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If we want to change the shape and size of our bodies, the first battle is not the bulge, but the brain. The true challenge in adopting a new lifestyle is that we have to change our way of thinking about what we eat or don’t eat, our habits, and the entire weight loss process. Greenlite’s weight loss program is a lifestyle-oriented program, not just for losing, but for living.

The big picture view is that we’re exchanging a high carbohydrate life and/or a high fat life for one with satiating protein and fresh fruits and veggies. This balance of protein and produce along with reduction in calories is used to encourage the weight to drop away.

Included in that big picture view is exchanging a life of unawareness around the food we ingest to one of mindful awareness and attention to what we consume. Through the process of losing weight we begin to know how the food we choose fuels our body, how it makes us feel, and how is serves the larger picture of managing our day to day energy expenditures…and the even bigger picture of long-term health.

So, how does the brain play a role? It is vital in many ways, but let’s just start with an easy one: reframing our thoughts. One of the barriers to managing an ongoing weight loss program can be the way we “frame” the process. If we always think of the process as depriving ourselves, how will we feel about it? You guessed it, we’ll feel deprived.

One of the most scientifically proven psychological approaches to managing our thoughts (and thus the effect of our thoughts on our behavior) is called cognitive behavioral therapy (CBT). Reframing is a basic CBT technique you can use to become more aware of how your thoughts might be making your weight loss more challenging than it needs to be.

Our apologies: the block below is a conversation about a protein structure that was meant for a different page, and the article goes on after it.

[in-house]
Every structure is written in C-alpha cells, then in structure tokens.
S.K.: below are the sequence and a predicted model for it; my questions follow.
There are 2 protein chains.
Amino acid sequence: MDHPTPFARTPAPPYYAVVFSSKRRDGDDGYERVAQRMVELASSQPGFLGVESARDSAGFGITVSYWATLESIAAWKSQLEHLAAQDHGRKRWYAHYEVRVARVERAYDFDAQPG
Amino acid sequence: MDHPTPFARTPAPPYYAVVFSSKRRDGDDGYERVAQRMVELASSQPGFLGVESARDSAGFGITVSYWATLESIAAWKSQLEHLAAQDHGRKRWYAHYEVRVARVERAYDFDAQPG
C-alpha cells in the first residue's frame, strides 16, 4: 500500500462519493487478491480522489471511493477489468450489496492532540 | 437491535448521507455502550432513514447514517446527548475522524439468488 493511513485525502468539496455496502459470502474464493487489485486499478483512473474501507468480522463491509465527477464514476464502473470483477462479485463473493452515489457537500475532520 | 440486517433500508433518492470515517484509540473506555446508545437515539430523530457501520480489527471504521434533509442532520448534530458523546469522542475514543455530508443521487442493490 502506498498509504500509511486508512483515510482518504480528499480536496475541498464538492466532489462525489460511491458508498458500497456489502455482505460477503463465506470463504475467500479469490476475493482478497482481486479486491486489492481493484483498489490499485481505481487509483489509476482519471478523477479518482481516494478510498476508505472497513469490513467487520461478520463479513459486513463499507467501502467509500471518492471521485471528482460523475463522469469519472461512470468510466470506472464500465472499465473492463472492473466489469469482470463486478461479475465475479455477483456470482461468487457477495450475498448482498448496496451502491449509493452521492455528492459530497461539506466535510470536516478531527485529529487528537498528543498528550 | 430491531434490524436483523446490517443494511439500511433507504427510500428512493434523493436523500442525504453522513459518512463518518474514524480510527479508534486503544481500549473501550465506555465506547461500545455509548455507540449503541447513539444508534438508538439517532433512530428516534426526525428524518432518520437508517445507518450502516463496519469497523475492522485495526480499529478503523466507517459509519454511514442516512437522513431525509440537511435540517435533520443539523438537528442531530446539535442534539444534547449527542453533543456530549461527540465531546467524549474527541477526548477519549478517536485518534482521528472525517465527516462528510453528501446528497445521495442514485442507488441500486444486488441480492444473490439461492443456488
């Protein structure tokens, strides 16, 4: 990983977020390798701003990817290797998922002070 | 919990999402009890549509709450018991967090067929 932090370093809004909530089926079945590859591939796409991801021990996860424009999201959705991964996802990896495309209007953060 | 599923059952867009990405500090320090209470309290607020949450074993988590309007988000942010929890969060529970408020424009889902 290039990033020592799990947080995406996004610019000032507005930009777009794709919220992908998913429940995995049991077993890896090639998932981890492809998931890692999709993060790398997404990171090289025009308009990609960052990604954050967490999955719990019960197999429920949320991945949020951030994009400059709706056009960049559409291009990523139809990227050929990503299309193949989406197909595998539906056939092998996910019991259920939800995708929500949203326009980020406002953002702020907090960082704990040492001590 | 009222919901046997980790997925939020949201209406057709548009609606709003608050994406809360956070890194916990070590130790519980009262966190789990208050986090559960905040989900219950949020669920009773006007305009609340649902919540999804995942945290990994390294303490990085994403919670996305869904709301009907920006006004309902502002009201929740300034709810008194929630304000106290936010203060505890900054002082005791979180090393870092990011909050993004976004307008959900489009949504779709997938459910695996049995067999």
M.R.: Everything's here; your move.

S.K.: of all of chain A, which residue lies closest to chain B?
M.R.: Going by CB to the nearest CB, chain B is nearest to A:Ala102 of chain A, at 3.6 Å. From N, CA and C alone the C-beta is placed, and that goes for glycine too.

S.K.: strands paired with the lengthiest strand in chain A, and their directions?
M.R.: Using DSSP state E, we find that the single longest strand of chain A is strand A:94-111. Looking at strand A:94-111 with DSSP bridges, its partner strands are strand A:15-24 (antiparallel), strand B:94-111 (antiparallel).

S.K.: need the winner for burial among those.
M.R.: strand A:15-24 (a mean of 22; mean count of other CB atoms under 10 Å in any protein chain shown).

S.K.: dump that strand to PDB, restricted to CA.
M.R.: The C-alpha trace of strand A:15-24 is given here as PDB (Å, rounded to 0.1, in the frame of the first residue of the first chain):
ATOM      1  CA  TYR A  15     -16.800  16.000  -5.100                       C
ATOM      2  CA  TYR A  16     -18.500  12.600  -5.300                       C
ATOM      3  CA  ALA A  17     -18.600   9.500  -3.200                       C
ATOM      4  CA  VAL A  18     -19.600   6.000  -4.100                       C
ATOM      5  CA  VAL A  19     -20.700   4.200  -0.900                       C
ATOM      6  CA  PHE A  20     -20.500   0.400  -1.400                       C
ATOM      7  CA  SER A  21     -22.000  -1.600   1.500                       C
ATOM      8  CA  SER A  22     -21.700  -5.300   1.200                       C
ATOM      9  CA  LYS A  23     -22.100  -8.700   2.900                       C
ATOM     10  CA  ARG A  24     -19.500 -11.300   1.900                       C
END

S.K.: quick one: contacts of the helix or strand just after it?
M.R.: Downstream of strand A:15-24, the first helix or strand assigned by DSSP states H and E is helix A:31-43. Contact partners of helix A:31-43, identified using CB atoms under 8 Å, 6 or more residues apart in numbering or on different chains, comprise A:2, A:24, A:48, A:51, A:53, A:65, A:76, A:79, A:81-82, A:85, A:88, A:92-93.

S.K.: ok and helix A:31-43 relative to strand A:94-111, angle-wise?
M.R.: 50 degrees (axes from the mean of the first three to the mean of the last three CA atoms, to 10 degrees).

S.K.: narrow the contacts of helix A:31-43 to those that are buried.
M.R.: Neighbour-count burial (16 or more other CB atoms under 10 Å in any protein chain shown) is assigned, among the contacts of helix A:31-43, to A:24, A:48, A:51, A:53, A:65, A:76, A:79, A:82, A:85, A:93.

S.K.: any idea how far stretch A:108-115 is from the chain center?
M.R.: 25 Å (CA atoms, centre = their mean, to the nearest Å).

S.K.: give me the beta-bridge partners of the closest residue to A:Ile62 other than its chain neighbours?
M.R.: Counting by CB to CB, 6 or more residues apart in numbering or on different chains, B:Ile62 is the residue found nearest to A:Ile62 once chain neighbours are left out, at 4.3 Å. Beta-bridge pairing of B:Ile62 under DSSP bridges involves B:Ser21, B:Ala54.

Don’t overthink this part, just begin to notice the “tapes” you play in your mind about different scenarios. Look for opportunities to change the thoughts that might be automatic.

For an easy starting point, begin to notice what you think about:

-Planning your meals and snacks

-The foods you eat

-The foods you try not to eat

-Your decision to find different ways to balance your intake

-Being on a restricted plan as part of the weight loss phase

Often, the keys to what we need to change in our brains will appear as the reoccuring themes in our “judgements”. This is the stuff that goes through your mind such as – I like, I don’t like, this is good, this is bad, I’m good, I’m bad, this is enough, or it’s not enough. Taking the time to get at those thoughts and then reframe them will be as vital as seeing the the number on the scale go down.

Additional pointers:

Do you think, “I have to restrict my intake because I can’t manage my weight healthfully?”  If so, try changing that thought to: “I have taken important steps to manage my weight with the support and direction I need—I am setting myself up to succeed.”

Do you think, “There is something wrong with me that I haven’t gotten this right to this point in my life?”  If so, try changing that thought to: “I am continually learning from my thoughts and actions; I am working on making positive changes toward health goals, including weight loss and overall health.”

Catching ourselves in the act of self-sabotage via destructive thinking and proactively making changes in those thought patterns is one of the fastest ways to realize our health and fitness goals.  Take it one day at a time and the brain can become your strongest ally in the weight loss process.  Just start by noticing your thoughts. Be mindful of assumptions and judgments and how they make you feel.  Good luck!


Written by Rochelle Adams, Greenlite Health Educator

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